Friday, November 18, 2011

How Can We Recognize When (If) God Is Shouting At Us?

I once was asked the following:

"How would you know, or what would it be like, if God were yelling at you or disciplining you?"

That is a fascinating question, especially since I think we have two VERY different paradigms in our canonized scripture - and because we tend to extrapolate our own experiences with our parents onto God (both the positive and the negative ones). First, the background:

1) The God of the Old Testament is a yelling, destroying, jealous, vengeful God - the ultimate alpha male. God's "love" in the OT seems to be more centered on "protection" than on "feeling" - and that makes sense given the history of oppression and conquest of the Israelite and Jewish nations. In short, the God of the OT is the God of "a people" - loving them by actively and directly protecting them in times of obedience and actively and directly punishing them in times of disobedience.

The same description exists in the BofM prior to the Lord's appearance to the people after his death - a very clear "prosper in the land during righteousness" and "suffer during unrighteousness" distinction. It also exists throughout the D&C - again, during the formative years of the Church when "protection" was paramount.

When protection is the foundational paradigm, it is EASY to see when God is "yelling at you".

The parenting application is that the same paradigm tends to be in place in our own families - that we yell at our kids when they are in the early developmental stages - when perhaps our primary purpose and goal is to protect them and teach them how to live on their own. I'm not saying it's right or correct or good to yell then - only that it's what tends to happen often.

2) The God of the New Testament is a compassionate, meek, merciful, loving, patient, PERSONAL God - the classic man who is in touch with his feminine side - or, interestingly from a Mormon perspective, what normally would be considered a "complete couple" (combination of full masculinity AND femininity). Jesus spoke directly and harshly sometimes, but it was directed almost exclusively to those who were hypocritical leaders who rejected him. The woman taken in adultery ("He who is without sin . . . neither do I condemn thee.") - the Caananite woman (first classified as a "dog" but then blessed anyway) - the unclean (whom he touched and blessed) - etc. All of these were INDIVIDUALS - and it is clear he came to serve, teach and validate them, not to protect the nation.

The same emphasis can be seen in the post-resurrection visit to the Nephites in the BofM - where "punishment" consisted of walking away and letting people alone (withdrawing), rather than direct, active punishment. I think the same can be seen in the modern Church, where the hyperbolic and harsh pronouncements of the Brigham Youngs of the world generally have disappeared and been replaced by the current apostles who serve, teach and validate much more than scream warnings (and it explains why strong warnings grate so much on so many, since they aren't used to hearing them on a regular basis).

When service and validation and teaching are the foundational paradigm, it is HARD to see a need to yell very often - if ever.

The parenting application is that the same paradigm tends to be in place in our own families - that we DON'T yell at our kids when they are in the later developmental stages - when perhaps our primary purpose and goal is to pray that we have served and taught them in such a way that they are able to live on their own in a productive manner.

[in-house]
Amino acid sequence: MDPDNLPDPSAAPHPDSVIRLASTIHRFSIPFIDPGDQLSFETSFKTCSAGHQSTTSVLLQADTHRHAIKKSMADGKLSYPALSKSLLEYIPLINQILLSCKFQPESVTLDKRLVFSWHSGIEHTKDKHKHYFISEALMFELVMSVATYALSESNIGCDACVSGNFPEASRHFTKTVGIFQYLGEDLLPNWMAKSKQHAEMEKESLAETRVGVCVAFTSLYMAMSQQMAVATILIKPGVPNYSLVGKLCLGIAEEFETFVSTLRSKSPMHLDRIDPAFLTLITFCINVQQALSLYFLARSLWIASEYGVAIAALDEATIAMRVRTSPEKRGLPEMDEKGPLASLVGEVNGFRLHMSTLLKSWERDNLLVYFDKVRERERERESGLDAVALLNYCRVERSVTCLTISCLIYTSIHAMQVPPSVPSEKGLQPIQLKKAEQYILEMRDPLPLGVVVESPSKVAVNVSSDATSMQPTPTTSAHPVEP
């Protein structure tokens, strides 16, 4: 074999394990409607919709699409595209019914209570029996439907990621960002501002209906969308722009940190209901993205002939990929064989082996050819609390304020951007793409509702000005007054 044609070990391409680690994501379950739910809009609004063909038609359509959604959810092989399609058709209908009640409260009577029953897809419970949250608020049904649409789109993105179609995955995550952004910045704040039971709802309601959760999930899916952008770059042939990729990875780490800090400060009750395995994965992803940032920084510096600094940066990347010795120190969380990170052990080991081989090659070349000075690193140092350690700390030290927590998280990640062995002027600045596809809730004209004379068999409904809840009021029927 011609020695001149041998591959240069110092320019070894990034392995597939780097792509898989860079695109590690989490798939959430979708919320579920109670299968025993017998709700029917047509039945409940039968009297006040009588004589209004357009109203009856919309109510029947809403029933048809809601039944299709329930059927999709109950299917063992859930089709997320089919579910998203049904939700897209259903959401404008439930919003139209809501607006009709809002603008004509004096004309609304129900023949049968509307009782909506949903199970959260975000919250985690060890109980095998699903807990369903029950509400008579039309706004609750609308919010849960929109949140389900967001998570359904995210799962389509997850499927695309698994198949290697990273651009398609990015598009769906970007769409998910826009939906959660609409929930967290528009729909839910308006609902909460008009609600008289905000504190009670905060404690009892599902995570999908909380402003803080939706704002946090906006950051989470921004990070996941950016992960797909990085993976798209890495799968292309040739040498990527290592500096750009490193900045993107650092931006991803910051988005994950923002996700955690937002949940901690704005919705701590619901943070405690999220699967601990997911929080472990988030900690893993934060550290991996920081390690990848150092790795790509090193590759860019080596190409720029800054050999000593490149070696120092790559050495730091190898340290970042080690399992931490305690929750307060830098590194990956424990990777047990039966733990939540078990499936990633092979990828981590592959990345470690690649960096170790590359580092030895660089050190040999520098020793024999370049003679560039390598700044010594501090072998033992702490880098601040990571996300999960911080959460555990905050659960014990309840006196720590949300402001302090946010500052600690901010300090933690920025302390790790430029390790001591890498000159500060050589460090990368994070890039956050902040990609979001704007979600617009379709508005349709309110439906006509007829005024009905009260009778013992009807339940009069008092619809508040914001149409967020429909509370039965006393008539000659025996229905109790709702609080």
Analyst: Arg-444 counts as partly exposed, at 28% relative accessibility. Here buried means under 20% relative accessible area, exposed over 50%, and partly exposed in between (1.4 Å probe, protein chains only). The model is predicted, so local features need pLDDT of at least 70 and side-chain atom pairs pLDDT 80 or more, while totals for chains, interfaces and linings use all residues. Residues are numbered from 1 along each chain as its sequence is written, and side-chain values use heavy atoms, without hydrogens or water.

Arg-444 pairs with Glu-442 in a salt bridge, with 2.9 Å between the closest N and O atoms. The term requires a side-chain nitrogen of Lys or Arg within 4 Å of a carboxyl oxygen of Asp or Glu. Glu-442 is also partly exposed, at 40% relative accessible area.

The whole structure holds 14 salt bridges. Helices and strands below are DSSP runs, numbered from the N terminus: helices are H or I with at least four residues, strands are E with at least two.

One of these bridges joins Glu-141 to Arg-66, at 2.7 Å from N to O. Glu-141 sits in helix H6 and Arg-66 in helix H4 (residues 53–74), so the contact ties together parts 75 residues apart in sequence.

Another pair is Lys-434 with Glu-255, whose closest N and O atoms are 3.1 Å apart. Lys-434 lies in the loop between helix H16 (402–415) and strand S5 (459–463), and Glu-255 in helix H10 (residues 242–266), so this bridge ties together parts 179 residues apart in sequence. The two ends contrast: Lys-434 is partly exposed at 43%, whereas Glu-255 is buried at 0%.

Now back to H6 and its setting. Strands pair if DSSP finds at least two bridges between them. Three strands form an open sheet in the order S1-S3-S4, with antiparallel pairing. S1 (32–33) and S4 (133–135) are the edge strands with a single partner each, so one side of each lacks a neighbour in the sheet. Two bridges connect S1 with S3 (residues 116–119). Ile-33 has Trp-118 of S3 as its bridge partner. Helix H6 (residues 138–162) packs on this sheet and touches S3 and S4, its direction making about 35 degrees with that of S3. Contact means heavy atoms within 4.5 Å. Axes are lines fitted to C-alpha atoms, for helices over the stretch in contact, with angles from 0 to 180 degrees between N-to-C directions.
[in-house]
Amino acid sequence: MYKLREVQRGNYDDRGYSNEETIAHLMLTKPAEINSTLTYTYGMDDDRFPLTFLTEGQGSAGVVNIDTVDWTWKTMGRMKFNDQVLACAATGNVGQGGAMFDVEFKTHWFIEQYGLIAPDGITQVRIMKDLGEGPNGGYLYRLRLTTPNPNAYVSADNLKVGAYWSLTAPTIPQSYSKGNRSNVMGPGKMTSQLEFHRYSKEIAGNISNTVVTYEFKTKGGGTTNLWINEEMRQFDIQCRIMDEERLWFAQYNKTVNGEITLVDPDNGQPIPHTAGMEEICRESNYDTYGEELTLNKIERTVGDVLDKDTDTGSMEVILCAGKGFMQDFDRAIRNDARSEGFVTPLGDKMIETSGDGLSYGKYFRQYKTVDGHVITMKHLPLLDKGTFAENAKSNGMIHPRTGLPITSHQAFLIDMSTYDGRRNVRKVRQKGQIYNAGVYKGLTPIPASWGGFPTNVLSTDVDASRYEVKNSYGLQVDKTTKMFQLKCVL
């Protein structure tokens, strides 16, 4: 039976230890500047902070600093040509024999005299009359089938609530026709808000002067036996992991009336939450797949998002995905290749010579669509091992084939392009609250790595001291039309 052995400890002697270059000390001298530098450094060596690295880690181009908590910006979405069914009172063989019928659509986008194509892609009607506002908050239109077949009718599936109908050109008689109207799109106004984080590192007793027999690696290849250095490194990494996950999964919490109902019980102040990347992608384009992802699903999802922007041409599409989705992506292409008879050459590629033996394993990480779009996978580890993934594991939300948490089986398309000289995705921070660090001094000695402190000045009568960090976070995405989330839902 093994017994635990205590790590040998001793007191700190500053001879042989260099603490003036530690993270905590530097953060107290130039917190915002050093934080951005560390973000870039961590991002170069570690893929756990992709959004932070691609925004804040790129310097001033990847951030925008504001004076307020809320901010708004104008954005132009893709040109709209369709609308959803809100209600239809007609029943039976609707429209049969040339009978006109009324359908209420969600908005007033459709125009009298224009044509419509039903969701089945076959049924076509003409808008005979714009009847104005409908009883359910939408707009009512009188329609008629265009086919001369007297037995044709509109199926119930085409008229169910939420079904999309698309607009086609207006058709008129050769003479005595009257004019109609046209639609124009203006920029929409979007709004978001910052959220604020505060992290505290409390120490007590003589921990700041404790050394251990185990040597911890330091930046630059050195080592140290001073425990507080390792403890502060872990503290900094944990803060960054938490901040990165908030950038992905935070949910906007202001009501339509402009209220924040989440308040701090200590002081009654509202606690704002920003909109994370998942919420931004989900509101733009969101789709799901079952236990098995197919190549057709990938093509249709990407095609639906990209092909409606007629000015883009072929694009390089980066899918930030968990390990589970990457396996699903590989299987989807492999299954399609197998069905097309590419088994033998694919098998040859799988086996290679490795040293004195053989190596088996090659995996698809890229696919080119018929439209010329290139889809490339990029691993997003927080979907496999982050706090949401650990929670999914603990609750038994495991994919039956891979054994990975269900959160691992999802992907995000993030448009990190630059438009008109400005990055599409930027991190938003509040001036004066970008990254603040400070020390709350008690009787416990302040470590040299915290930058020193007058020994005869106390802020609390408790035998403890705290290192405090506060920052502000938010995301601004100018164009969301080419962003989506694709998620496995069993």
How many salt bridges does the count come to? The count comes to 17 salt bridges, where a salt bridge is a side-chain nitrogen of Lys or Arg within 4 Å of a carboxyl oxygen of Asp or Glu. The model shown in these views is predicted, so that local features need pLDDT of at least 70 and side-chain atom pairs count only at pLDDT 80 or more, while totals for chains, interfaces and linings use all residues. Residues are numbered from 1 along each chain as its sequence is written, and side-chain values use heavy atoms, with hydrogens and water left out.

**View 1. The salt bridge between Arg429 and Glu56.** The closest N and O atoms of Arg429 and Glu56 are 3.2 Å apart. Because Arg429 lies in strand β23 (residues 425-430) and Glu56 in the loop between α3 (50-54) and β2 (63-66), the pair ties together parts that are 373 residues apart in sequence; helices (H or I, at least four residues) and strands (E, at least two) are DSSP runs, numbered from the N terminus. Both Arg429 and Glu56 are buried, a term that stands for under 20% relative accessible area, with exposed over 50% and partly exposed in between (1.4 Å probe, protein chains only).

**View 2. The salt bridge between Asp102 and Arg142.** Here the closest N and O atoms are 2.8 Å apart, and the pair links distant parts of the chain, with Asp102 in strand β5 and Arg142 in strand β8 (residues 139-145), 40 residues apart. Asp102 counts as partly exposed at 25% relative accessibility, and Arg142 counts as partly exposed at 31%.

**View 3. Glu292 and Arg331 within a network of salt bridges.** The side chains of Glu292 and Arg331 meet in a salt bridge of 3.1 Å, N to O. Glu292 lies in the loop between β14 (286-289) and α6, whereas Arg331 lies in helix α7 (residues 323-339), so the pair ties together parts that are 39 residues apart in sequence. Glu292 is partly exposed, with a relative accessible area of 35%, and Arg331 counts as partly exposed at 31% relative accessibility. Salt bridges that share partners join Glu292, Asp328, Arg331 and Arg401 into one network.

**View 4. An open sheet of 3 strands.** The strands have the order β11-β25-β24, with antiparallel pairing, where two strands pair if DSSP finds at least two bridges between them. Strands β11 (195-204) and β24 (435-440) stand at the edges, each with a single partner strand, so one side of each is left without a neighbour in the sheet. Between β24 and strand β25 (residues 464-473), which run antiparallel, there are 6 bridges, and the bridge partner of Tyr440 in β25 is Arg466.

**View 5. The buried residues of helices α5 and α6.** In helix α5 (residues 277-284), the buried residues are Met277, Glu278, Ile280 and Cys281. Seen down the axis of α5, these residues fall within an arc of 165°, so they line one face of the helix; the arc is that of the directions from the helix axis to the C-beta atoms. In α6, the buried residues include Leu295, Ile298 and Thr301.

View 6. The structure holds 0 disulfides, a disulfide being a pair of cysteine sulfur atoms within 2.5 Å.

SUMMARY: I think we, as adults, aren't going to recognize God yelling at us very often - simply because I think he doesn't yell at us very often. I also think if he does yell at us, we will recognize it - unless we've totally stopped trying to listen and completely tuned him out.

If we are trying to be able to recognize whispers (even if the practical application is nothing more than "following our consciences and what we feel is right"), I believe we will hear the shouts.

Finally, as adults, I think we will consider, at the very least, WHY the Church leaders appear to be shouting when they do on rare occasion. (I'm not saying we ultimately have to agree, but I think we should consider the "why" at least. Too many people reflexively brush it off as the rantings of out-of-touch old men - and I can't express how much I disagree with that characterization. I think that reaction is reminiscent of a childish tantrum toward someone in a position of authority, and I think a good indication of one's spiritual maturity is how s/he reacts to counsel or statements with which s/he disagrees reflexively.)


Anonymous said...

I think it's very important to think carefully about those things with which we disagree relexively.I agree that they may tell us a great deal about ourselves,and that might not be all bad news.Sometimes it's important to know where our own boundaries are,then consider wether that's really where we want to draw the line.

I'm aware that I had an immediate reaction to something that was said in conference some time back,to the extent that I was shaking my head without initially being conscious of it.It concerned me ,but I decided to let it go.When the general conference edition of the Ensign came out,the talk was modified and did not include the portion that I had had such a strong initial reaction to.Clearly my instinct was not all that off message,even though I had been confused about it at the time.

I say this in order to validate our own experience as being a relevant part of our consideration of how we work with the counsel we may recieve.

Papa D said...

That is an excellent example. Thank you for sharing it.